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Mayors in the United States often have more influence on the day-to-day activities of residents within their unique jurisdictions thanany other elected office. While each U.S. president holds significant power as Commander-In-Chief, the primary direct interface mostcitizens have with the U.S. Government is either through its taxing function or by receiving some form of financial benefit such as SocialSecurity or Medicaid. Each governor has wide powers in determining state funding priorities for highways, healthcare, and education,but not all citizens rely on these services to the same degree. Mayors, however, have a say in the provision of the services that residents use every single day. This includes water, sewerage, electricity, sanitation, roads, and drainage, to name a few.1
The city we are today has been shaped by our deep and complex 300-year history. From the first arrival of African Slaves to this region in 1718, our Black community has played an intrinsic role in forging the city structurally, economically, and culturally, and we remain the most Afro-centric city in the United States. New Orleanians are no strangers to tragedy, disruption, and sometimes deliberate actions to disadvantage Black residents and all residents of color.Racial injustice and inequality are pressing issues in our city, especially as it relates to how our residents interact with City government. We have a moral and principled obligation to ensure equal opportunity, economic, and social mobility for our residents of color. The path to achieve this requires us to meet our residents where they are by providing equitable services throughout our daily work in each and every department.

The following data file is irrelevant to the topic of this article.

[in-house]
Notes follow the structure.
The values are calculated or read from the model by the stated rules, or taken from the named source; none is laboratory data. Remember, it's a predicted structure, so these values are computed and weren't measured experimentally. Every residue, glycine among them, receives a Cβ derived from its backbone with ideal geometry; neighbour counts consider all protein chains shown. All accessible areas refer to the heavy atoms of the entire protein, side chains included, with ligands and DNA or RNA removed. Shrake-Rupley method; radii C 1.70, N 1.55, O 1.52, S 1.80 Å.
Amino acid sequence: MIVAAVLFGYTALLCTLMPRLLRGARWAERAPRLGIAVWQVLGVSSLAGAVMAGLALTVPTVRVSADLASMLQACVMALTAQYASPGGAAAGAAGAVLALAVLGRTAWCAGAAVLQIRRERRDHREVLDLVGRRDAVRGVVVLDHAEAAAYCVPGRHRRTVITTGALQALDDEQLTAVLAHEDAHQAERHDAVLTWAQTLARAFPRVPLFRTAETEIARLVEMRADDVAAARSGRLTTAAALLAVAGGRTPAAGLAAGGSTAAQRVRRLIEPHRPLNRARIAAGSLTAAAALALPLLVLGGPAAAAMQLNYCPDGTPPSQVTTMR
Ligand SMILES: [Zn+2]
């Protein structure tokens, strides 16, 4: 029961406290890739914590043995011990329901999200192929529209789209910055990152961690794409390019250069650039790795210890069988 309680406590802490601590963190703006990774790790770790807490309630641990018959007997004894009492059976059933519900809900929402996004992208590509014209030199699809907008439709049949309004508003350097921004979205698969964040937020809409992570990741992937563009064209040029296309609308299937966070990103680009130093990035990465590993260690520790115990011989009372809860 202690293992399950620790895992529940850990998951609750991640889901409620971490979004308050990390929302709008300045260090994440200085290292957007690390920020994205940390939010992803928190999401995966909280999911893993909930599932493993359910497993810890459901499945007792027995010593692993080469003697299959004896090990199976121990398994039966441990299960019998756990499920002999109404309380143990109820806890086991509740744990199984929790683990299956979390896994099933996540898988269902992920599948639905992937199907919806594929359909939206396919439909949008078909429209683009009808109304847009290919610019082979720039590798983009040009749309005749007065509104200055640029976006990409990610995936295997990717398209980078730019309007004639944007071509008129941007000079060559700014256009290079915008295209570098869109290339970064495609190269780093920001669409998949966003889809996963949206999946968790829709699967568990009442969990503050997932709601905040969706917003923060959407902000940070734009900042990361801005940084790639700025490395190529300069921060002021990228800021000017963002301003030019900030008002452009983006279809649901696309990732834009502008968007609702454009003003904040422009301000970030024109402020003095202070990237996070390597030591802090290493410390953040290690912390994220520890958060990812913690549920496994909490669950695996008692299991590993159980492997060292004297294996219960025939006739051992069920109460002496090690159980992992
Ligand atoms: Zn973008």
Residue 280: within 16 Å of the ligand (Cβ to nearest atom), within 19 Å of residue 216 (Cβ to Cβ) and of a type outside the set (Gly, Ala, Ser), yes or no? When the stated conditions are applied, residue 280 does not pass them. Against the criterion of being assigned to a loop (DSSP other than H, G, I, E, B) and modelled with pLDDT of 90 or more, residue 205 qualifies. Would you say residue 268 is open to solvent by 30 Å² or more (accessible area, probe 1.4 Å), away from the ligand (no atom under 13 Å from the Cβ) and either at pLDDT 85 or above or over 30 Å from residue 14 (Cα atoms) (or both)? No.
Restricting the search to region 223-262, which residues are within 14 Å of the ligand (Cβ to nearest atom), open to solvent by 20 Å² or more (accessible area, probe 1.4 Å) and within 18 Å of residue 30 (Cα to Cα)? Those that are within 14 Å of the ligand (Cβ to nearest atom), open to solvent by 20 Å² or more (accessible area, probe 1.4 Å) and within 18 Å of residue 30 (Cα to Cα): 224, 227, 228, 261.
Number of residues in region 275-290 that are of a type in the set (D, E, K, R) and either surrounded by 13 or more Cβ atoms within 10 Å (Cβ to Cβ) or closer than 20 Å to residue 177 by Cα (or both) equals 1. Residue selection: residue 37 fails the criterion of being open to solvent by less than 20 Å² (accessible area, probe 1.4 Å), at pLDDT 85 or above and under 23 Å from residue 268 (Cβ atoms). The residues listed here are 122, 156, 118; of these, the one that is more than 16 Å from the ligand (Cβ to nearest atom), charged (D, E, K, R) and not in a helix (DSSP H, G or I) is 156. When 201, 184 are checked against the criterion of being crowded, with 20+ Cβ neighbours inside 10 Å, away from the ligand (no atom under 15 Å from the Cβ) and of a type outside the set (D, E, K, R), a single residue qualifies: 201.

Fannie Lou Hamer's America is a new and original documentary film told through the public speeches, personal interviews, and powerful songs of the fearless Mississippi sharecropper-turned-human-rights-activist.If you've ever heard of Fannie Lou Hamer, odds are you were introduced to her through the heart-wrenching testimony she delivered before the 1964 Democratic National Convention's Credentials Committee. As significant as Hamer's 1964 DNC speech was and is, her testimony is but one moment within the activist's career that spanned nearly 15 years and took place before audiences - in every region of the country. One of the movement's pre-eminent orators, Hamer used stories from her own life to call America to account for the racism that defined every aspect of her existence—from the turn-of-the-century cotton plantations of the Mississippi Delta where she was reared, to her death in an all-black hospital in 1977. ***To access this resource please click the Download button (to the right) then via Publisher will show and double-click that button.
We sought to foster educational equity by supporting NOLA-PS's work to raise the achievement of all students while erasing the ways in which their academic outcomes differ based on race, ethnicity, income, disability, and native language. So this report answers a few questions: what are the biggest needs our students face, and how are they being addressed? What can citywide organizations, like nonprofits, do to help schools address them? How will we be able to tell if that support worked?